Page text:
“A new form of anxiety affecting drivers of ICE vehicles has emerged during the fuel crisis. With the price at the pumps also heading in the wrong direction despite fuel shortages beginning to ease, we’ve seen EV enquiries increase markedly by 33% over the past month and our corporate order bank is currently at 85% ULEV.
“These recent events will only heighten a new wave of enthusiasm for EVs and provide further impetus for many drivers to make the switch. With COP26 around the corner, it’s vitally important all facets of the motor industry respond to this momentum.”
Jamie Hamilton, automotive director and head of electric vehicles at Deloitte, said:
71-plate a false start
“The lowest September car sales for over two decades will be seen by many in the industry as a false start.
“New plate months should traditionally boost sales, and many had put August’s already disappointing lull down to typical consumer behaviour, holding out for the new 71 plate. Whilst demand for new cars remains strong amongst consumers, today’s figures are reflective of the deepening production challenges the industry faces throughout its supply chain.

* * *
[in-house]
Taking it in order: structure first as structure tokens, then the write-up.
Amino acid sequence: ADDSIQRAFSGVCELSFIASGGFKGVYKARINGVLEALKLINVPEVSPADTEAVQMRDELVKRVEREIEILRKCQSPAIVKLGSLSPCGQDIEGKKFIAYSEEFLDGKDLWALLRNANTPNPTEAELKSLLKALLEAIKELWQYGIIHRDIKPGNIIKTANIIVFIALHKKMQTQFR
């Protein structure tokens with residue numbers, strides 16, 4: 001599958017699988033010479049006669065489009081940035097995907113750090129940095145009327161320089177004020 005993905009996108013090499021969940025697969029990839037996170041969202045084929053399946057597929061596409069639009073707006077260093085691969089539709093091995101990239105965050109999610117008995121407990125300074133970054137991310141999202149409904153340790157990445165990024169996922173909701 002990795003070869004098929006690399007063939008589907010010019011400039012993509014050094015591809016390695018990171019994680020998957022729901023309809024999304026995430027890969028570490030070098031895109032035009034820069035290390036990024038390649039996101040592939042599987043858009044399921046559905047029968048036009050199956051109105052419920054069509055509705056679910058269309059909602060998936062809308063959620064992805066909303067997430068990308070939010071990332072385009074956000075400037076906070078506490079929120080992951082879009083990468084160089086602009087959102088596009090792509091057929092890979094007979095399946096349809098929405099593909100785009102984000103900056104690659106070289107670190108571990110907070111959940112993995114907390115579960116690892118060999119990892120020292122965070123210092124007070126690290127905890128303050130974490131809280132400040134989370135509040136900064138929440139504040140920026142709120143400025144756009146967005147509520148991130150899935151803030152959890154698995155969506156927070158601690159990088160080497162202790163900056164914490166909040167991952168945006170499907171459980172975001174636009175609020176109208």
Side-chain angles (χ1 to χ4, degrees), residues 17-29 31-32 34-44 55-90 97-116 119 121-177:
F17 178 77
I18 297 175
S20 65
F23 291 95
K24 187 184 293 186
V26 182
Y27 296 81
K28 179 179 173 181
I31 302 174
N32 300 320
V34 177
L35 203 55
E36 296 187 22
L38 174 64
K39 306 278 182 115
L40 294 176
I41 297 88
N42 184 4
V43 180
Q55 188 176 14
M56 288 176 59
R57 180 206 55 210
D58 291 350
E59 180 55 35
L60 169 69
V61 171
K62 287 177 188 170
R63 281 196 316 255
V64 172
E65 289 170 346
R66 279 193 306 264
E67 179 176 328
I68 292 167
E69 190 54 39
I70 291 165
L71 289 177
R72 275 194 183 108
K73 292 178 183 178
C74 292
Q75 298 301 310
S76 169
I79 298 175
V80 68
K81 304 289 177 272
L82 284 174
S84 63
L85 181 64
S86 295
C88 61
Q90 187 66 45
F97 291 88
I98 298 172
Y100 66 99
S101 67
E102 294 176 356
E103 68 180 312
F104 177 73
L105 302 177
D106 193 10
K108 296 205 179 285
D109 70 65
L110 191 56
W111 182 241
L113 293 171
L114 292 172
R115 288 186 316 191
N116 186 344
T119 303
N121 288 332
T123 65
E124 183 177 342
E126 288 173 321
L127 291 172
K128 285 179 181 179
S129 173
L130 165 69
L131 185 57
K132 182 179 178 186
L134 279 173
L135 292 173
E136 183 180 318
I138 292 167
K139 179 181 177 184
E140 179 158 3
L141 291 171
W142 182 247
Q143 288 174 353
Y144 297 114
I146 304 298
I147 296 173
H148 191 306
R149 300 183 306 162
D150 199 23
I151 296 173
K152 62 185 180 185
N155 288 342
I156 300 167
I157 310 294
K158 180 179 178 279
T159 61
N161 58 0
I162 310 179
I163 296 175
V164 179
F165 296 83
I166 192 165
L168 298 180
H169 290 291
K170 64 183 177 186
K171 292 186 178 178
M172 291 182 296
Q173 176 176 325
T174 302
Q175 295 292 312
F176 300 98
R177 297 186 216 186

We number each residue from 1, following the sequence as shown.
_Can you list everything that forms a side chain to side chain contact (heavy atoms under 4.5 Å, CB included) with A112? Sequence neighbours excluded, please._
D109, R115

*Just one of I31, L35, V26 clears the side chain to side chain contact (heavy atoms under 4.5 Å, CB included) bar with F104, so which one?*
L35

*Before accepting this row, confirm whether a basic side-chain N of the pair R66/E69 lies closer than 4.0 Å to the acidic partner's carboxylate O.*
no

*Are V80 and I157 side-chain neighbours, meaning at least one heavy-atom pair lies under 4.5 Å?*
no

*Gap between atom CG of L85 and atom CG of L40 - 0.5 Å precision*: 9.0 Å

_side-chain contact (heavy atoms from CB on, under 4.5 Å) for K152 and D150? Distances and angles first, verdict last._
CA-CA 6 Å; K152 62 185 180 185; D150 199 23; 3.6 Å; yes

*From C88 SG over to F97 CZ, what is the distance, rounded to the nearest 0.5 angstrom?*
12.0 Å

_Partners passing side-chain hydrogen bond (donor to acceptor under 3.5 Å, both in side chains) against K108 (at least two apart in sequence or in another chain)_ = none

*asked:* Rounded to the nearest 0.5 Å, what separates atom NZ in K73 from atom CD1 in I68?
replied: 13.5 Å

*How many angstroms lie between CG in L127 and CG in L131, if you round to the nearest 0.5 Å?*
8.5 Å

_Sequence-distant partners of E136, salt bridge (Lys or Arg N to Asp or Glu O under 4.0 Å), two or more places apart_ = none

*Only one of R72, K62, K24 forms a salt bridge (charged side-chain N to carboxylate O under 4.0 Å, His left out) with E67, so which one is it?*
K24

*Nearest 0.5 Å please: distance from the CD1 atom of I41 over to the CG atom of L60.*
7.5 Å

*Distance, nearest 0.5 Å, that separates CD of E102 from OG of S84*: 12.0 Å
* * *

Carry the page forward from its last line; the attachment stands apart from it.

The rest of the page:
Empty pumps fuel EV interest
“Elsewhere, parallel supply chain issues in getting fuel to forecourts in the past few weeks has had the unsurprising consequence of amplifying interest in electric vehicles. EVs gained further market share this month, rising significantly to 15.2% from 10.9% in August. This compares to 2.2% in September 2019; the nearest pre-pandemic comparable.
“Whilst it’s too soon to see any immediate impact of the petrol and diesel shortage on EV sales, the inconvenience of long queues and empty pumps has jump-started many motorists to explore the switch to electric.
Equitable charging required
“With battery electric vehicles outpacing even plug-in hybrid this month, this demonstrates a level of consumer confidence that the charging infrastructure will be in place. However, gaps still remain and a more equitable rollout of public charging points would ensure EVs are also accessible to those households without off-street parking.
“Petrol and diesel shortages may have also inadvertently created some charge anxiety, so ensuring more visible charging points will only strengthen public confidence in EV feasibility.”
1 Average September 2010-2019 – 389,680
2 37,850 BEVs registered in 2019
3 Average Jan-Sep 2010-2019 registrations – 1,864,937